Skip to content

Campbell River Rotary looks to put bathroom at Beaver Lodge Lands entrance

City says it needs more information about who would be responsible for its upkeep before approving
Image from Rotary’s letter to City of Campbell River

The Rotary Club of Campbell River thinks there should be a washroom facility at one of the entrances to the Beaver Lodge Lands.

In a recent letter to the City of Campbell River, Rotary president Amy Stevenson says the club has formulated a plan for a bathroom – right down to design drawings – and is ready for the city to give them the go-ahead to have it installed.

City council, however, has its reservations.

The proposal would see the facility built “at or near the Trask Road entrance to the Beaver Lodge Lands trails,” and Coun. Charlie Cornfield said he, for one, would need more specifics than that before he could say whether he approves of that.

“Whose land is this proposed to be on?” Cornfield asked as council officially received the letter at its April 12 meeting. “Is it Beaver Lodge Forest Lands? Is it city land? Is it on the road right-of way? Who maintains the facility if it’s constructed? I have some concerns.”

Coun. Claire Moglove proposed that the letter be forwarded to city staff to produce a report on the project to have those very types of questions answered.

“I support the concept, in general,” Moglove says, but adds she has similar concerns to Cornfield. “Has Greenways Land Trust been consulted about this, because they have the contract to manage the lands, and I would also like to know what the operating costs would be, because those costs are added to our budget, which inpacts taxation.”

RELATED: District has big plans for Beaver Lodge Lands

Cornfield added that he’s of the understanding that the official plan for the lands doesn’t allow for permanent buildings – which this would be – and therefore it would likely be targeted for city property, which he has a problem with.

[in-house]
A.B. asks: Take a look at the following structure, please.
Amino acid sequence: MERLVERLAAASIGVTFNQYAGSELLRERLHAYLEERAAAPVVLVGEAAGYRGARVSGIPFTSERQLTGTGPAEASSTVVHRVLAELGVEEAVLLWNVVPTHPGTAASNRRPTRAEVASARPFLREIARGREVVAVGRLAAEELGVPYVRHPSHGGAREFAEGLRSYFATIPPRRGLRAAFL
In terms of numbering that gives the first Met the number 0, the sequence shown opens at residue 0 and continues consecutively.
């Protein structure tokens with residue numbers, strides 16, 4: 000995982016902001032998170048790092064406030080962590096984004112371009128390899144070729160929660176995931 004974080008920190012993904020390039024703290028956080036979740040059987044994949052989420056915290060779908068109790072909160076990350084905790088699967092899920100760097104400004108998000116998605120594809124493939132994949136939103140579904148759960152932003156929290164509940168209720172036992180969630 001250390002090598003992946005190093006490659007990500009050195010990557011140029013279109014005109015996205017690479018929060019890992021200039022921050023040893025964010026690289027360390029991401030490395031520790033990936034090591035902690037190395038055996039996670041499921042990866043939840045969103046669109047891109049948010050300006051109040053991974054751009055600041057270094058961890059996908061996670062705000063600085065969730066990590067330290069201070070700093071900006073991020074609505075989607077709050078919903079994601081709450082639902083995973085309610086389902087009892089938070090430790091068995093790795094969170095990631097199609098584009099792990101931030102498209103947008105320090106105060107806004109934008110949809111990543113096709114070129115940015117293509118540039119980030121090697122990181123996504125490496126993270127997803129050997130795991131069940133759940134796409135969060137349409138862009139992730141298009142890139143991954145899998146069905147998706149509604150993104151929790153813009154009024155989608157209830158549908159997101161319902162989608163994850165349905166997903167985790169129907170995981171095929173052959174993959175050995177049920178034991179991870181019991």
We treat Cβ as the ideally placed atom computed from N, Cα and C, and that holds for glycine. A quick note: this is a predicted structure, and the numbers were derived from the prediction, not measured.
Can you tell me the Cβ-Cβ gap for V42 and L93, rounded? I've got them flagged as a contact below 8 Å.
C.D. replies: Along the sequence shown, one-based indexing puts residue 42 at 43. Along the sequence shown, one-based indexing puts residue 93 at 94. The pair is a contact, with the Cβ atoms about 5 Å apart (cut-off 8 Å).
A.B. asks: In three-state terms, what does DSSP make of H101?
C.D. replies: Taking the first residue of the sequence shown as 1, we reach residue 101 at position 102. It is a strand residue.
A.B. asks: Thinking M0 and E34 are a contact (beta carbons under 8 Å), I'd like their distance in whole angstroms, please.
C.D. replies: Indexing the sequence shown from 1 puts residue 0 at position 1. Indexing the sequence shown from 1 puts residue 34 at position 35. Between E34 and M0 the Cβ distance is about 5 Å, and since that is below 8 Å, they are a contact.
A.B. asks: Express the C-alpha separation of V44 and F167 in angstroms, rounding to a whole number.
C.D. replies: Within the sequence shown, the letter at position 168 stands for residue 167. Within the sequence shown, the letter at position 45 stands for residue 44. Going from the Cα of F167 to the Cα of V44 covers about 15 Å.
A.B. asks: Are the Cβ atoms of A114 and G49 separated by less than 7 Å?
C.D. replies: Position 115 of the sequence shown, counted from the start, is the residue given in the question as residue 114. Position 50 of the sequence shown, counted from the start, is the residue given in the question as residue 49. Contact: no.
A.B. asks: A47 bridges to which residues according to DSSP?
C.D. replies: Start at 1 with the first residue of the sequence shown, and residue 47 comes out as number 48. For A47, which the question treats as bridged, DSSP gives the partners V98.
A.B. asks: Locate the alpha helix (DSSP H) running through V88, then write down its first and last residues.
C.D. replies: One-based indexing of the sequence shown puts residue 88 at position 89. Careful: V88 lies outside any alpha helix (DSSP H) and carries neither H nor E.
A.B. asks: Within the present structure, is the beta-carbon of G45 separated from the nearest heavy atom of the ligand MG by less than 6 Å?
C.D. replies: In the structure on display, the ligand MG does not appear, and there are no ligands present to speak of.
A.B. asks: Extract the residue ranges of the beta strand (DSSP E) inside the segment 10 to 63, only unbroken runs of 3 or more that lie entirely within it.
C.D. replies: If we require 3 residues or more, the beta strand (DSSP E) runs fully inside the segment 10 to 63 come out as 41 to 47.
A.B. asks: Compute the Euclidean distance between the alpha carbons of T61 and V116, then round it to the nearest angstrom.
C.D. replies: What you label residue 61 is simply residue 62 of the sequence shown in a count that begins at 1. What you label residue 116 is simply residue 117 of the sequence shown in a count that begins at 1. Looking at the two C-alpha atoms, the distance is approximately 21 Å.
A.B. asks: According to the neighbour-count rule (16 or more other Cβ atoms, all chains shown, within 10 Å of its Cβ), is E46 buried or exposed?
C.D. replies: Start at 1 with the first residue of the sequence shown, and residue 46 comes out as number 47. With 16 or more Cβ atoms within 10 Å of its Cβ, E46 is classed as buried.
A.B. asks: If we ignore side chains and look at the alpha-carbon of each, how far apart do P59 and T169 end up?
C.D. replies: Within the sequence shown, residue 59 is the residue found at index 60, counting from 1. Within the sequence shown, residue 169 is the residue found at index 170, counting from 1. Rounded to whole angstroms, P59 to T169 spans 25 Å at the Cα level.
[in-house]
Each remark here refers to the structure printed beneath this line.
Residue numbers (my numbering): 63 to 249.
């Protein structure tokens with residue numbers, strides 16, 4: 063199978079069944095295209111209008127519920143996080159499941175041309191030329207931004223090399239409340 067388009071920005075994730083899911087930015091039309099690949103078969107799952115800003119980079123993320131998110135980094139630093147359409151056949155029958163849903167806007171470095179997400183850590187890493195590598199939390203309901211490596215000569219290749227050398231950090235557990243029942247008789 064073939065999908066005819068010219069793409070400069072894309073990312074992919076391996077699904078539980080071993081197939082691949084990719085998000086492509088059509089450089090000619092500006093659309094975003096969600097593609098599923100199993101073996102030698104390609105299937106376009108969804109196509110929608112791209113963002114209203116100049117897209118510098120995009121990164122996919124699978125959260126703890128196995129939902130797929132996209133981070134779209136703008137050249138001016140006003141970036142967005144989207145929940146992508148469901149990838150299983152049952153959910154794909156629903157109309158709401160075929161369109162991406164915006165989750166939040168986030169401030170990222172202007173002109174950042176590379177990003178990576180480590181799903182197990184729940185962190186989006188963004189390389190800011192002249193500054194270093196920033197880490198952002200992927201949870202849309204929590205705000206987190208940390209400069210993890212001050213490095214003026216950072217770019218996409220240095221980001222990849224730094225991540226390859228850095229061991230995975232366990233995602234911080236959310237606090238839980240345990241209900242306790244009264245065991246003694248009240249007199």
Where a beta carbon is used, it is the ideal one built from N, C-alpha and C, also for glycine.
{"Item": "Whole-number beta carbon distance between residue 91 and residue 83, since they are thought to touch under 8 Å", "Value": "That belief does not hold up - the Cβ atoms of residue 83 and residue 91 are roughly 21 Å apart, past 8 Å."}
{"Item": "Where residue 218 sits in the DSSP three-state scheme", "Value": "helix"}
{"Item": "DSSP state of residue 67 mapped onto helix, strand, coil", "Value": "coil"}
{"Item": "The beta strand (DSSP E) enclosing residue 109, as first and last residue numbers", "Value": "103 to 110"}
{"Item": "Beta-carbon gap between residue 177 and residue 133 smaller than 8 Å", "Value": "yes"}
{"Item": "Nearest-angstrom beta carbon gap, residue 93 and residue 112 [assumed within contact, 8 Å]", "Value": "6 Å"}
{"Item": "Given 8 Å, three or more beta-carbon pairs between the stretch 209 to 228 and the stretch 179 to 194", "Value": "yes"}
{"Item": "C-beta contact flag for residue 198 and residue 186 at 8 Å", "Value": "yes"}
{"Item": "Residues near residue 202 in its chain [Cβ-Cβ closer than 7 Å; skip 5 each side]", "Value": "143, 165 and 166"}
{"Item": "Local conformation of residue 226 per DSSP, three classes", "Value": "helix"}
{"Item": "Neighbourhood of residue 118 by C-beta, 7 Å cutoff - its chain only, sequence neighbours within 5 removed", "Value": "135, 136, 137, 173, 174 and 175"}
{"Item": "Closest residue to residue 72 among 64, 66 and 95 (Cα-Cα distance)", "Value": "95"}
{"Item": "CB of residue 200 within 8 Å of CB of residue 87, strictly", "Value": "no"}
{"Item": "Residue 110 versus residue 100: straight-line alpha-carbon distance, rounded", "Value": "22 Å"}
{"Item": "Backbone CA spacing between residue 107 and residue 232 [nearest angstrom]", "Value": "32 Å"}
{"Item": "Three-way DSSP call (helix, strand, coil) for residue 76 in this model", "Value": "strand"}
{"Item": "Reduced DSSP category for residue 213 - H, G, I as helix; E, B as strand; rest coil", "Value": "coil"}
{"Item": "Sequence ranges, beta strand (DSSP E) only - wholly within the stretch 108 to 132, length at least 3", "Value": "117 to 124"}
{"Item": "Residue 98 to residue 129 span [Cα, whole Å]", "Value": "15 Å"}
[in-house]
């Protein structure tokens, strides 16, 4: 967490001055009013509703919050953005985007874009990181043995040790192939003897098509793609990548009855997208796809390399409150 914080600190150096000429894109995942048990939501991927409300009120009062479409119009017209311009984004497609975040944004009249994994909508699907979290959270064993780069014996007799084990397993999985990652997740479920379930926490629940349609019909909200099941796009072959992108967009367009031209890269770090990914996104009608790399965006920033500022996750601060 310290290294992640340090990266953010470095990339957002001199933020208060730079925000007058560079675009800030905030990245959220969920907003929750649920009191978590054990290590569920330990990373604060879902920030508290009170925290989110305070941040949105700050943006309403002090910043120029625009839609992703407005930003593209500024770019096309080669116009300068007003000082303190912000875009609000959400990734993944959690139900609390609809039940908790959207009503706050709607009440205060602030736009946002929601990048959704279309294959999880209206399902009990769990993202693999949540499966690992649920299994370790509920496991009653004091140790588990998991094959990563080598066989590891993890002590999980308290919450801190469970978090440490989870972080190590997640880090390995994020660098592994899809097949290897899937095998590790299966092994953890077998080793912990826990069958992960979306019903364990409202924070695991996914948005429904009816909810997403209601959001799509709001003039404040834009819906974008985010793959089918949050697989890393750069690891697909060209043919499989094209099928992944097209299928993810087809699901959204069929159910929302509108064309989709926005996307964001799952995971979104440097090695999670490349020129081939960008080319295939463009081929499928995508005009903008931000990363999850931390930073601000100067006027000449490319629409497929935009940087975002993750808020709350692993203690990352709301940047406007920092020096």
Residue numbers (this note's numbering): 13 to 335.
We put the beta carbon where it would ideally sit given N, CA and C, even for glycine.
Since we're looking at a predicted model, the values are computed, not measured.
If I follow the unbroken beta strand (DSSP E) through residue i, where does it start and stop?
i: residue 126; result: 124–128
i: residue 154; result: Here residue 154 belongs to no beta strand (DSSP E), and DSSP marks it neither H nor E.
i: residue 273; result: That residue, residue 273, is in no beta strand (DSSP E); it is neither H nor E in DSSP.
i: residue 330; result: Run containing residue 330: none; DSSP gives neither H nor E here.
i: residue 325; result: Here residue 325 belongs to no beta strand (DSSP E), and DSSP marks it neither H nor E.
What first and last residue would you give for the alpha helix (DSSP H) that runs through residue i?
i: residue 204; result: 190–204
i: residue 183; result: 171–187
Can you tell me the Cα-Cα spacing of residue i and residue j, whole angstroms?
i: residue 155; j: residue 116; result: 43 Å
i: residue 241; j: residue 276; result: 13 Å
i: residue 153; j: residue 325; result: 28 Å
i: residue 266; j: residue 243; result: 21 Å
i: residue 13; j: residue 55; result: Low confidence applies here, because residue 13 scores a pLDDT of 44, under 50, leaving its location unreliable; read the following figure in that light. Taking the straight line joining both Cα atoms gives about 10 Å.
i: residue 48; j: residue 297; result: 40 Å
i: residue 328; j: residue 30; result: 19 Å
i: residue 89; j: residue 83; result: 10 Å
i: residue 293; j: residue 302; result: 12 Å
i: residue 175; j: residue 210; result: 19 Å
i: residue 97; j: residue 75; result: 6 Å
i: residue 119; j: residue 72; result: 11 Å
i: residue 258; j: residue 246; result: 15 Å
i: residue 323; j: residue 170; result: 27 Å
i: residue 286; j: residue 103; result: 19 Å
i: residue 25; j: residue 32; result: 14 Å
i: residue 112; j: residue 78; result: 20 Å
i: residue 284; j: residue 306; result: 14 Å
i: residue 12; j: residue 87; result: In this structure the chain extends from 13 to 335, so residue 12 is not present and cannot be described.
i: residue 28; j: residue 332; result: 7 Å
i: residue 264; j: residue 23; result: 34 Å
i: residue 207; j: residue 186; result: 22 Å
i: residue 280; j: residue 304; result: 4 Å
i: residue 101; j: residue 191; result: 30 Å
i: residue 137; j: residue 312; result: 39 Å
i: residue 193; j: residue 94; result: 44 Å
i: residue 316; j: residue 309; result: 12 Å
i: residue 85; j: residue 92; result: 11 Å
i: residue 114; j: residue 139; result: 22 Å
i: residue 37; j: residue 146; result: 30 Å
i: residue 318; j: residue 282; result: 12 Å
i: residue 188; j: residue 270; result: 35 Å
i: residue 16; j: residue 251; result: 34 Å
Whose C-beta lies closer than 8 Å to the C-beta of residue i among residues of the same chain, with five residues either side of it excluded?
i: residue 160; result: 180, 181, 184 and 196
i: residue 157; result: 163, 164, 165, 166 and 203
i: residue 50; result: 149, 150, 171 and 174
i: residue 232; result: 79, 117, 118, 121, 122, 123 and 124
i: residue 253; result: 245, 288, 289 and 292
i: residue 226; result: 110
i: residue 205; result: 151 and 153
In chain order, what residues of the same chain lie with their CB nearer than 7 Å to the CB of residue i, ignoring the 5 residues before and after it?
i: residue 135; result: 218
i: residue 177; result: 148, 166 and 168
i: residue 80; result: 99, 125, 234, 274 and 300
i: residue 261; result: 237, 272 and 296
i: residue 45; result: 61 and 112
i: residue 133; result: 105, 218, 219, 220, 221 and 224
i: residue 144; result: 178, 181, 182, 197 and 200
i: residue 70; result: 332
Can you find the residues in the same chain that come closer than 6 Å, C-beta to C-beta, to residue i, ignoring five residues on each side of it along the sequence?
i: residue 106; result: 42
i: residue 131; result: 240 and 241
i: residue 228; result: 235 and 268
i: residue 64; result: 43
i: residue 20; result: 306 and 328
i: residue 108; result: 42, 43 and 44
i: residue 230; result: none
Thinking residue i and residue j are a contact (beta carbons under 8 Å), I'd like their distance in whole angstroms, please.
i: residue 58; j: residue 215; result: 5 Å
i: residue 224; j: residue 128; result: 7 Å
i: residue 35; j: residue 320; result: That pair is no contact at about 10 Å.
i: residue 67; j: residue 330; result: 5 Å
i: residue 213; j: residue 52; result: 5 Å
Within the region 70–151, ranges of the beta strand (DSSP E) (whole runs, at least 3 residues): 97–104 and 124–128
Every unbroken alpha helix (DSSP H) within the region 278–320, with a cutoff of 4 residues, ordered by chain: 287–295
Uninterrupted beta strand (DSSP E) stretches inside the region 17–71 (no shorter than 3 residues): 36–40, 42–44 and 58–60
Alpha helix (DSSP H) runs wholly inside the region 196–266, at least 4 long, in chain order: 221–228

“The whole reason we got into the whole Beaver Lodge fiasco was that the government wanted to get out of its obligations to accepting it as a gift back in 1931,” Cornfield says. “I don’t think we should let them off the hook. It’s their responsibility to manage it. It’s their responsibility to live up to the trust obligation that was created when they accepted it as a gift. It has its own legislation and should be managed as such. I don’t want to see us get sucked into another maintenance program that requires additional taxpayer dollars.”

The motion to get staff to bring a report on the subject back to council passed unanimously. Mayor Andy Adams had recused himself before discussions began, as he is a member of the Rotary Club.

Like us on Facebook and follow us on Twitter

Be Among The First To Know

Sign up for a free account today, and receive top headlines in your inbox Monday to Saturday.

Sign Up with google Sign Up with facebook

This site is protected by reCAPTCHA and the Google Privacy Policy and Terms of Service apply.

Reset your password

This site is protected by reCAPTCHA and the Google Privacy Policy and Terms of Service apply.

A link has been emailed to you - check your inbox.

Don't have an account? Click here to sign up